Alecia D. Hoffman is an Associate Professor of Political Science at Alabama State University. She holds a BA from Alabama State University (1996), an MA from Auburn University (1998), and a Ph.D. from Clark Atlanta University (2015). Her areas of interest include South-South cooperation and development, international relations, international political economy, foreign policy, and Sino-African relations. Dr. Hoffman serves on the editorial board of the International Journal of Africana Studies.  Dr. Hoffman is the author, co-author, editor, and co-editor of several publications. She is a member of the National Conference of Black Political Scientists (NCOBPS), the Chinese in Africa/Africans in China Research Initiative, and the Southern Political Science Association (SPSA).

Sabella O. Abidde is a Professor of Political Science and a member of the Graduate Faculty at Alabama State University. He earned his Ph.D. (2009) in African Studies, World Affairs, Public Policy and Development Studies from Howard University, and an MA in political science from Minnesota State University. Dr. Abidde is the editor of Africa, Latin America, and the Caribbean: The Case for Bilateral and Multilateral Cooperation (Lexington Books, 2018); and co-editor of Africans and the Exiled Life: Migration, Culture, and Globalization (Lexington Books, 2017). An upcoming book on “Migrants, Refugees, and the Internally Displaced” is due in fall 2020. Dr. Abidde is a member of the Association of Global South Studies (AGSS); the African Studies and Research Forum (ASRF); the Association for the Study of the Middle East and Africa (ASMEA); and the American Political Science Association (APSA).


 

 

Contact Info: 

Alecia D. Hoffman is an Associate Professor of Political Science at Alabama State University. She holds a BA from Alabama State University (1996), an MA from Auburn University (1998), and a Ph.D. from Clark Atlanta University (2015). Her areas of interest include South-South cooperation and development, international relations, international political economy, foreign policy, and Sino-African relations. Dr. Hoffman serves on the editorial board of the International Journal of Africana Studies.  Dr. Hoffman is the author, co-author, editor, and co-editor of several publications. She is a member of the National Conference of Black Political Scientists (NCOBPS), the Chinese in Africa/Africans in China Research Initiative, and the Southern Political Science Association (SPSA).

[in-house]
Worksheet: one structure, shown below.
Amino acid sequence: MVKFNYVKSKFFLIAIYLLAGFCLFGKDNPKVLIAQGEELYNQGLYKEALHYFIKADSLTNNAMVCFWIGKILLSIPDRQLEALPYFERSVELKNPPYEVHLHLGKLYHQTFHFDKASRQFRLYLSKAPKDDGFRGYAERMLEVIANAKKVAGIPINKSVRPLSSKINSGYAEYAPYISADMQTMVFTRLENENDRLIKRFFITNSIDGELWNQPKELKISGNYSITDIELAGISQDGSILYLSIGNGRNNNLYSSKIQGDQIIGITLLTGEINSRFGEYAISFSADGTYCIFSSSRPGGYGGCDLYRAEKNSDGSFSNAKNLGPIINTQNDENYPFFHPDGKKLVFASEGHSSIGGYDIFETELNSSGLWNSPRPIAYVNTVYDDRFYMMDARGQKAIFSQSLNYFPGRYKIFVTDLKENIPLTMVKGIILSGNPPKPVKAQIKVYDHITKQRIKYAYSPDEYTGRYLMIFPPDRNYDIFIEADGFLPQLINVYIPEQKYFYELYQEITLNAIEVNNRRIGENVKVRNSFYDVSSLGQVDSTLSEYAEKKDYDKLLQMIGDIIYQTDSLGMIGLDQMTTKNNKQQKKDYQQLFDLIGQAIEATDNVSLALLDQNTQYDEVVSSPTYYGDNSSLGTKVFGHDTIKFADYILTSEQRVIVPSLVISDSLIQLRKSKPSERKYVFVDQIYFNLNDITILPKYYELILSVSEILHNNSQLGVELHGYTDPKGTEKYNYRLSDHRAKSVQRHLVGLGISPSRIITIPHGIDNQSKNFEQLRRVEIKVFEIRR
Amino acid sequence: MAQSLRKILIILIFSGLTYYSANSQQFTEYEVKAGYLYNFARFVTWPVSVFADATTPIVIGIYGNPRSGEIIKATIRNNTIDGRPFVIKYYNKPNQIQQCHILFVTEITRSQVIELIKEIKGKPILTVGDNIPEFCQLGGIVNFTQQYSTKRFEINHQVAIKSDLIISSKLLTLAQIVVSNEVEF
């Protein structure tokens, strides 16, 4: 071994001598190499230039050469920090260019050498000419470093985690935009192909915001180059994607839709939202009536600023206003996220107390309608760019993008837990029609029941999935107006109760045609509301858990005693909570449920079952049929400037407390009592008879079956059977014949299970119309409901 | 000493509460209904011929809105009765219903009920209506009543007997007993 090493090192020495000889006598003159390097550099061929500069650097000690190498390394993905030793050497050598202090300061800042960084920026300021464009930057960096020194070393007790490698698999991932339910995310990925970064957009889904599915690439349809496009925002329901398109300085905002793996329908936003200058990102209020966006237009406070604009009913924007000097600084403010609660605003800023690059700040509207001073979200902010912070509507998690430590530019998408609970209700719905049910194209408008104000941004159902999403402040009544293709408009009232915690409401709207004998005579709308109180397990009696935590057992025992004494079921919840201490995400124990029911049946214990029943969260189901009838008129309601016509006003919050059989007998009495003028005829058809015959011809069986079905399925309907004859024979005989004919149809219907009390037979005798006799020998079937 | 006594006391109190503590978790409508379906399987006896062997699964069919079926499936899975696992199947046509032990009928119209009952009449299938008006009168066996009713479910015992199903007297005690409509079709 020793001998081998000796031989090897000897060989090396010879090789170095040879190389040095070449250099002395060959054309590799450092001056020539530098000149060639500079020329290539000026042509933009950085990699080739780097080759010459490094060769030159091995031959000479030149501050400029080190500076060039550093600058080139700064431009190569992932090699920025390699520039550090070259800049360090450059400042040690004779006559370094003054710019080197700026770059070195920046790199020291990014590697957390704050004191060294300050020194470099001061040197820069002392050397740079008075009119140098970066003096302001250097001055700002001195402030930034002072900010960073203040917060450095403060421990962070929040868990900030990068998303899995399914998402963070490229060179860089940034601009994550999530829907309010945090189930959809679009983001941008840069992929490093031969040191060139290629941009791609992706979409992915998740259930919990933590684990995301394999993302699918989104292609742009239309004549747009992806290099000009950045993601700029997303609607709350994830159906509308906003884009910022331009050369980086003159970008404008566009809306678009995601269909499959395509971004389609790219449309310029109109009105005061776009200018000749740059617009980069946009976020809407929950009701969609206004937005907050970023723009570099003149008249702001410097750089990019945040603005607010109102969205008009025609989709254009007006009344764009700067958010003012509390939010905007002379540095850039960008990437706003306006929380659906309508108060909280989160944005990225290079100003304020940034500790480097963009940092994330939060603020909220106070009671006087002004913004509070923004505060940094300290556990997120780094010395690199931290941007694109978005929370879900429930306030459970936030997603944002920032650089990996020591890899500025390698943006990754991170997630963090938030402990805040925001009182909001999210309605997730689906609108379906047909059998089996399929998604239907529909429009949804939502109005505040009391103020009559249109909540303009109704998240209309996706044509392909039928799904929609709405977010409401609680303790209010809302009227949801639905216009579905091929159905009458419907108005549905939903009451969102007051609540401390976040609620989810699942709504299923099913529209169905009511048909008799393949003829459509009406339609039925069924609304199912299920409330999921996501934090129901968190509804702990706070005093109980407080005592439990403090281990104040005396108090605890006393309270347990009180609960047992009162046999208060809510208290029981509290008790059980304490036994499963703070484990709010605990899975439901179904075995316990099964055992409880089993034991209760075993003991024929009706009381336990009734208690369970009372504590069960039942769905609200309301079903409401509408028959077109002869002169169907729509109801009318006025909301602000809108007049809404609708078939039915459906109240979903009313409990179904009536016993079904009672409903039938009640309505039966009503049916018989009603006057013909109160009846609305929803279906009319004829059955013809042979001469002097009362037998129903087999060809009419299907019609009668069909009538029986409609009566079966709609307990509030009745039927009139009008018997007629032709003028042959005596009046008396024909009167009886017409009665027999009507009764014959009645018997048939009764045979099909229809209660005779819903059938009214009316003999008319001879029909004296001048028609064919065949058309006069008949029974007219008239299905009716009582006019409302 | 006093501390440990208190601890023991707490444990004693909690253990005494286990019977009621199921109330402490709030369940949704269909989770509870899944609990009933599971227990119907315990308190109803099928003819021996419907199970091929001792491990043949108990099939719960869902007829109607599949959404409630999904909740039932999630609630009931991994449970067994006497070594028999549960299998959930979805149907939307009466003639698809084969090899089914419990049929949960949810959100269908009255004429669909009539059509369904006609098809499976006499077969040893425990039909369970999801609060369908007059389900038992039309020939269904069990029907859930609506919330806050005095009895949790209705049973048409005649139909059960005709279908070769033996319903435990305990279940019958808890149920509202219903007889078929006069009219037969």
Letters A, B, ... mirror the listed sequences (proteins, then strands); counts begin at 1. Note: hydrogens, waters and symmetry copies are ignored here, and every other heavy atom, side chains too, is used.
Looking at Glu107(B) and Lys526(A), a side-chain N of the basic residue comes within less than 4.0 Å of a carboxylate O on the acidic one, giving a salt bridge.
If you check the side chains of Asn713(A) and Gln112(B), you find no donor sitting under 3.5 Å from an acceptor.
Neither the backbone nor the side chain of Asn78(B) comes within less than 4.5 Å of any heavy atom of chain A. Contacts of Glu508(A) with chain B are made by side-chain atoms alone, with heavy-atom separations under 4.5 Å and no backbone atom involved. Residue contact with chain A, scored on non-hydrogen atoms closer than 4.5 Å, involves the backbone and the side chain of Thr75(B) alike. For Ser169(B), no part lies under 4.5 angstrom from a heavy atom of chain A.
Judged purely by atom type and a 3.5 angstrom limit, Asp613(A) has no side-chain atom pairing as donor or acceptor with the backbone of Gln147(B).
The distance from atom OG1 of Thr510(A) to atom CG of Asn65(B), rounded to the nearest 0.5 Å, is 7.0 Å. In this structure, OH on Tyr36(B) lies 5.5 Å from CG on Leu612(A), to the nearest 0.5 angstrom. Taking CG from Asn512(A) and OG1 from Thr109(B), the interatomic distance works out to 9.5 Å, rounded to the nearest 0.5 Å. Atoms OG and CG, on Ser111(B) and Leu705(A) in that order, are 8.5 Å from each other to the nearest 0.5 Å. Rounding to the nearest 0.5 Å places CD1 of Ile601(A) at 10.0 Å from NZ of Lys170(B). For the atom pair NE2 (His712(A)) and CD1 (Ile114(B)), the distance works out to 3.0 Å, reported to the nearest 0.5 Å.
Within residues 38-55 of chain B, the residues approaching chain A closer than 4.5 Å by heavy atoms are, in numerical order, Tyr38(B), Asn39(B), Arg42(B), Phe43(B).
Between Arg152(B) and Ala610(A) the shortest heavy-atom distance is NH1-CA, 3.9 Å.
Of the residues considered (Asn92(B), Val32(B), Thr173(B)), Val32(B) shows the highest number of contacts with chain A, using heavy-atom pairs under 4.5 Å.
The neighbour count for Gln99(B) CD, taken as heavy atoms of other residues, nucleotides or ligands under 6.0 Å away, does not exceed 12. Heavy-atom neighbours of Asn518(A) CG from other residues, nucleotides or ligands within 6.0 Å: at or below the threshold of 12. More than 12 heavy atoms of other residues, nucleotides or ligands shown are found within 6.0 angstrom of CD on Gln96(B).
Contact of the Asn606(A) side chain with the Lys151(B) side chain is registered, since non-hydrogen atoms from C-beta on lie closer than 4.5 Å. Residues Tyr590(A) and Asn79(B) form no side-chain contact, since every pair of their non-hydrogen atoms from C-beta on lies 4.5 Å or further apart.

Sabella O. Abidde is a Professor of Political Science and a member of the Graduate Faculty at Alabama State University. He earned his Ph.D. (2009) in African Studies, World Affairs, Public Policy and Development Studies from Howard University, and an MA in political science from Minnesota State University. Dr. Abidde is the editor of Africa, Latin America, and the Caribbean: The Case for Bilateral and Multilateral Cooperation (Lexington Books, 2018); and co-editor of Africans and the Exiled Life: Migration, Culture, and Globalization (Lexington Books, 2017). An upcoming book on “Migrants, Refugees, and the Internally Displaced” is due in fall 2020. Dr. Abidde is a member of the Association of Global South Studies (AGSS); the African Studies and Research Forum (ASRF); the Association for the Study of the Middle East and Africa (ASMEA); and the American Political Science Association (APSA).